Winter Fiber Guide – Smart Shopping!

Sequins, silk and sweaters!  Cashmere, coats and caps!  Glam, gold and glitter!  With the winter and holiday shopping season upon us, I’m sure we can all use some tips to narrow down our choices of snuggly sweaters and sparkly skirts.  This winter fiber guide will provide shoppers with some insight into how various fibers and embellishments behave to make you a smart holiday shopper.

Wool – Wool may be one of the warmest natural materials and makes a wonderful cozy pullover, but take a second look at any item of this fiber.  A chunky knit could be scratchy, and I’m actually allergic to most wools so I can only wear it in an outer layer that won’t contact my skin.  Merino wool is lightweight and carefully carded, making it smooth and soft; worsted wool has a more natural, corse texture.  Wool will keep you toasty warm!  Just keep it away from a warm water wash – boiling wool is what makes felt.  The fibers are short, corse and gnarled so they will shrink, snag and tangle with one another when heated and agitated.

Cotton – Cotton is personally my favorite content for most sweaters, basics, tees, socks and PJs.  It’s soft (the finer the weave and more combed the softer), versatile, machine-washable and won’t pill.  It’s not the toughest of fabrics but fine for everyday wear, and it’s very absorbent.  This means it will soak up your body heat or sweat, which will then evaporate when it hits the air.  A heavy cotton sweater will make you warm but not sweaty.  For your best bet on socks, go all cotton to avoid those clammy, stinky feet wrapped up in your boots.  ick!  Beware of shrinkage, though, in a hot dryer.

Also, read the content label of the clothes you like in the store before buying!  Cotton prices started soaring with the 2008 recession, so many companies started blending their cotton-feel garments with polyester, a cheaper alternative, which compromises the nice features of 100% cotton.

Polyester – Polyester is a cheap, versatile fiber that can make fun, flirty clothing.  However, it is almost non-absorbent, meaning it will hold all the heat AND sweat right against your body with no breathability.  This also contributes to red dye (red is the most difficult colored dye to set) running onto your whites.  Accidentally mix a red poly top with your white cotton gym socks, and that red dye will leach out of the poly and seep into the cotton leaving you with a faded shirt and pink work-out socks.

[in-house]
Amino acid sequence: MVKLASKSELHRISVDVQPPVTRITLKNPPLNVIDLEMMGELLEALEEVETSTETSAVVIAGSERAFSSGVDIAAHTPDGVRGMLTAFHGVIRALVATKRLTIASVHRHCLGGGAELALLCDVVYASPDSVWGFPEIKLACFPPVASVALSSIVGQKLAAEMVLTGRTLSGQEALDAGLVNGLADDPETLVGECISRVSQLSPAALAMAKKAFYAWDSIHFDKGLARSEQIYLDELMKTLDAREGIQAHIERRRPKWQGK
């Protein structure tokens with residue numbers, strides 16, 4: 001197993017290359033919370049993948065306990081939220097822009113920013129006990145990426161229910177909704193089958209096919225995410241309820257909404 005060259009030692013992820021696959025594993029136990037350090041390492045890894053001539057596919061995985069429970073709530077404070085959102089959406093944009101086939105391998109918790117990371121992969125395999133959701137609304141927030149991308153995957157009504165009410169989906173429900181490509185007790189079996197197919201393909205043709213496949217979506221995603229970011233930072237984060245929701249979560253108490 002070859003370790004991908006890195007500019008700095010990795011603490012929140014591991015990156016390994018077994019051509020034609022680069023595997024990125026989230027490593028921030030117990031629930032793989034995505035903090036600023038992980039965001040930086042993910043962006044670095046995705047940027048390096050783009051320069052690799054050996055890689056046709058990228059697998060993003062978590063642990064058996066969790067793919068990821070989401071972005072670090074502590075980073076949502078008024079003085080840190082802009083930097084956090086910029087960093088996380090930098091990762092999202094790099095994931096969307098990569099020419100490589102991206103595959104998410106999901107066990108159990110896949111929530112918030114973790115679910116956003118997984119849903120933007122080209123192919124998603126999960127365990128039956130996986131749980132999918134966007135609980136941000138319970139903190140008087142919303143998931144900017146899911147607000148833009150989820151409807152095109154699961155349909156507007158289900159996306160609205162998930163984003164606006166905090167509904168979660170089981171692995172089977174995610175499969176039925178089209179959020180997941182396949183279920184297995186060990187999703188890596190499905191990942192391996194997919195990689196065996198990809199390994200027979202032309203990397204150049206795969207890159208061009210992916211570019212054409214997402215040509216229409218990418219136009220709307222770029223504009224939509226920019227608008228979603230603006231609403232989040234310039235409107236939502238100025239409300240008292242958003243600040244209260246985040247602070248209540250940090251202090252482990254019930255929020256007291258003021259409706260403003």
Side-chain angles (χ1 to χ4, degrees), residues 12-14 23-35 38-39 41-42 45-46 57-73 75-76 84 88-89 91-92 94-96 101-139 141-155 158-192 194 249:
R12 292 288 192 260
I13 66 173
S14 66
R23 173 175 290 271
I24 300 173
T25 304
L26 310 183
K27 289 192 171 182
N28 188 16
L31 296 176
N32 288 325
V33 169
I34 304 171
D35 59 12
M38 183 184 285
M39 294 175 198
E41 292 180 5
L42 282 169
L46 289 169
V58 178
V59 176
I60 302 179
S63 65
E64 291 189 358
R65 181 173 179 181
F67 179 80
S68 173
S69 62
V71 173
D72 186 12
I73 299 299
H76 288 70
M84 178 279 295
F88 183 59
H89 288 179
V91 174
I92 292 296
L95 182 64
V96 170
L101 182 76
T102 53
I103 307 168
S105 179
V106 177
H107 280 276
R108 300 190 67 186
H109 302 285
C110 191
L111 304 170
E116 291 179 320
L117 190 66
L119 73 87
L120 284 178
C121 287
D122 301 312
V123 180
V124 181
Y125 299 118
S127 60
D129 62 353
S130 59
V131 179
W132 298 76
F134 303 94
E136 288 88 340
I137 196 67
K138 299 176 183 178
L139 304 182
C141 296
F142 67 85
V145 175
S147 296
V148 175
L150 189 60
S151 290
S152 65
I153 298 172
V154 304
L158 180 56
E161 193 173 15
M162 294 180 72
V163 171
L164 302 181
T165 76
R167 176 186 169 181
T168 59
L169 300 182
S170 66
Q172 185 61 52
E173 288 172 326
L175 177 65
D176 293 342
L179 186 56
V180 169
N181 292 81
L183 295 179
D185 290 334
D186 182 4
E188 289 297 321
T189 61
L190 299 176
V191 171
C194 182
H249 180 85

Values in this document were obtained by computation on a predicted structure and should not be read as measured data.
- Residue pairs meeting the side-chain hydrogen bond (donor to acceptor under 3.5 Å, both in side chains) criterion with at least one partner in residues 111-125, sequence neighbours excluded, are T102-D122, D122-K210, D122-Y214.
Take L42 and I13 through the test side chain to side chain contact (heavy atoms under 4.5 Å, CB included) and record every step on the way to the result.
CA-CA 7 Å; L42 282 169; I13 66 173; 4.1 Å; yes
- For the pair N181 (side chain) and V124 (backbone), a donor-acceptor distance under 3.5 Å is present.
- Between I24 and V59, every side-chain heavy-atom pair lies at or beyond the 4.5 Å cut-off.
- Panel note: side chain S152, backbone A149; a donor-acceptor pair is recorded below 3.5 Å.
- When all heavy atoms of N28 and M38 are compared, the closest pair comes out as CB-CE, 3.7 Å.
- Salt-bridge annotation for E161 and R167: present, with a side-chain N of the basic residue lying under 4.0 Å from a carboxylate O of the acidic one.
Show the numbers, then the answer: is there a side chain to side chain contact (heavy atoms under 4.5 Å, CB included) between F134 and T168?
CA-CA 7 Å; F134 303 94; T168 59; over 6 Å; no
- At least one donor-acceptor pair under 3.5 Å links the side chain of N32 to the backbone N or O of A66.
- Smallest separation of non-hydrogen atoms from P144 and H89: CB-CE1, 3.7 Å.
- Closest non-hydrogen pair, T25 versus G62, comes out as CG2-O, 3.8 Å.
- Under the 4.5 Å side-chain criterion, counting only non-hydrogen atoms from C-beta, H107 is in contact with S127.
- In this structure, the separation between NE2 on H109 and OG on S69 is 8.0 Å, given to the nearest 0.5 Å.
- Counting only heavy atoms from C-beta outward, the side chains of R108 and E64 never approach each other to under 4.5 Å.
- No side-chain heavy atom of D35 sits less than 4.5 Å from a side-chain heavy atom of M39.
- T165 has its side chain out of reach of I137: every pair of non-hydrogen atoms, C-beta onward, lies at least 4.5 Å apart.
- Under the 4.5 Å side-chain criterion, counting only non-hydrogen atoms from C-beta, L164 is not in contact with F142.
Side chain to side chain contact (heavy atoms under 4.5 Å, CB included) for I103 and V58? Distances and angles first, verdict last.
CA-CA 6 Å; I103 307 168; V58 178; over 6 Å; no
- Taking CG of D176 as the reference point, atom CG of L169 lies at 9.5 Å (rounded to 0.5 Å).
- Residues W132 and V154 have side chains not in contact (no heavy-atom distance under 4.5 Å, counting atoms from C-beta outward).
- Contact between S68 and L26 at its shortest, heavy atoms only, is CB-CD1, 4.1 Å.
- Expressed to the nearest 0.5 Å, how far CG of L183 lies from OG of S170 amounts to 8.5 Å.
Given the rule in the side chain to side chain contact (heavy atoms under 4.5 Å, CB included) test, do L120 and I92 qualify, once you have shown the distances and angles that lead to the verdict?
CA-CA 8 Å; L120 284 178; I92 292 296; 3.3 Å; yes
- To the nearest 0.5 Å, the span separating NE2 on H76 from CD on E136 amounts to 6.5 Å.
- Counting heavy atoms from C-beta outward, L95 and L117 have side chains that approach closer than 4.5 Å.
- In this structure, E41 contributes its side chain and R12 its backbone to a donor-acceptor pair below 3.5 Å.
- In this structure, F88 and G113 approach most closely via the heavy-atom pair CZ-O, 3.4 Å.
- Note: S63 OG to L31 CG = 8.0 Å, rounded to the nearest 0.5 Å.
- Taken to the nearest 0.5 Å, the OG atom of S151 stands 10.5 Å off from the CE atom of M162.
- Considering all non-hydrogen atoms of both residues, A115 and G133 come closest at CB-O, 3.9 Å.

Also check the labels on your sheets.  Poly is being added to most lower cost bedding to save on fiber cost, and this means your sheets could pill or keep you a bit too warm at night.

Acrylic – I’ve stopped buying acrylic sweaters altogether because they are sure to pill and look shabby before the season has finished.  If you want to buy a low cost, trendy sweater and don’t mind tossing it after a few months or sitting to de-pill several times, then this is a good, affordable option.  Acrylic fibers are weak and break very easily, which is what causes the pilling under the arms and where your purses hits.  Acrylic is often found in blends with wool or cotton so you just have to take your chances in these cases, but the larger the percentage of acrylic, the more likely it is to look old very fast.

Cashmere – Cashmere is supposed to be expensive.  If it’s not, then read the label; it’s probably not entirely cashmere.  If it is and is still inexpensive, then expect it to pill quickly.

Silk – Cool and slinky, silk makes lovely holiday and dress wear.  Just be careful not to snag the fabric as it could pull, and take it to a dry cleaner when dirty.  Spilling on it or trying to spot clean will leave water stains.  Polyester actually does make a decent, slick silk replica for on-trend, less expensive garments; it just won’t feel so lightweight and delicate.

Sequins – Sequins are so much fun for the holidays!  When in the store make sure the thread holding down the sequins is safely tacked inside or finished into the seam.  If it’s only loose in a few spots, you can tack those yourself before wearing so you don’t loose sequins, and there should be a little baggy of extra sequins included it might be worth saving.  If you feel comfortable washing the garment at home, make sure it’s turned inside out.  Also, if wearing a sequin dress or skirt with tights, make sure the bottom sequins are completely smooth, or you will get a fluffy circle of pulled threads on your tights at the hem of your skirt.

Rhinestones, studs or glitter – If you see a fun embellished top in the store with any of these decorations, gently run your finger over it before taking it home (yes, gently!  We don’t want you ruining anyone’s merchandise.)  Anything that is loosely or incorrectly applied will flake, peel or start to separate from the garment at a light touch, and that means you will leave a party with only a partial graphic left.  Also wash these inside out.

Happy holiday shopping!

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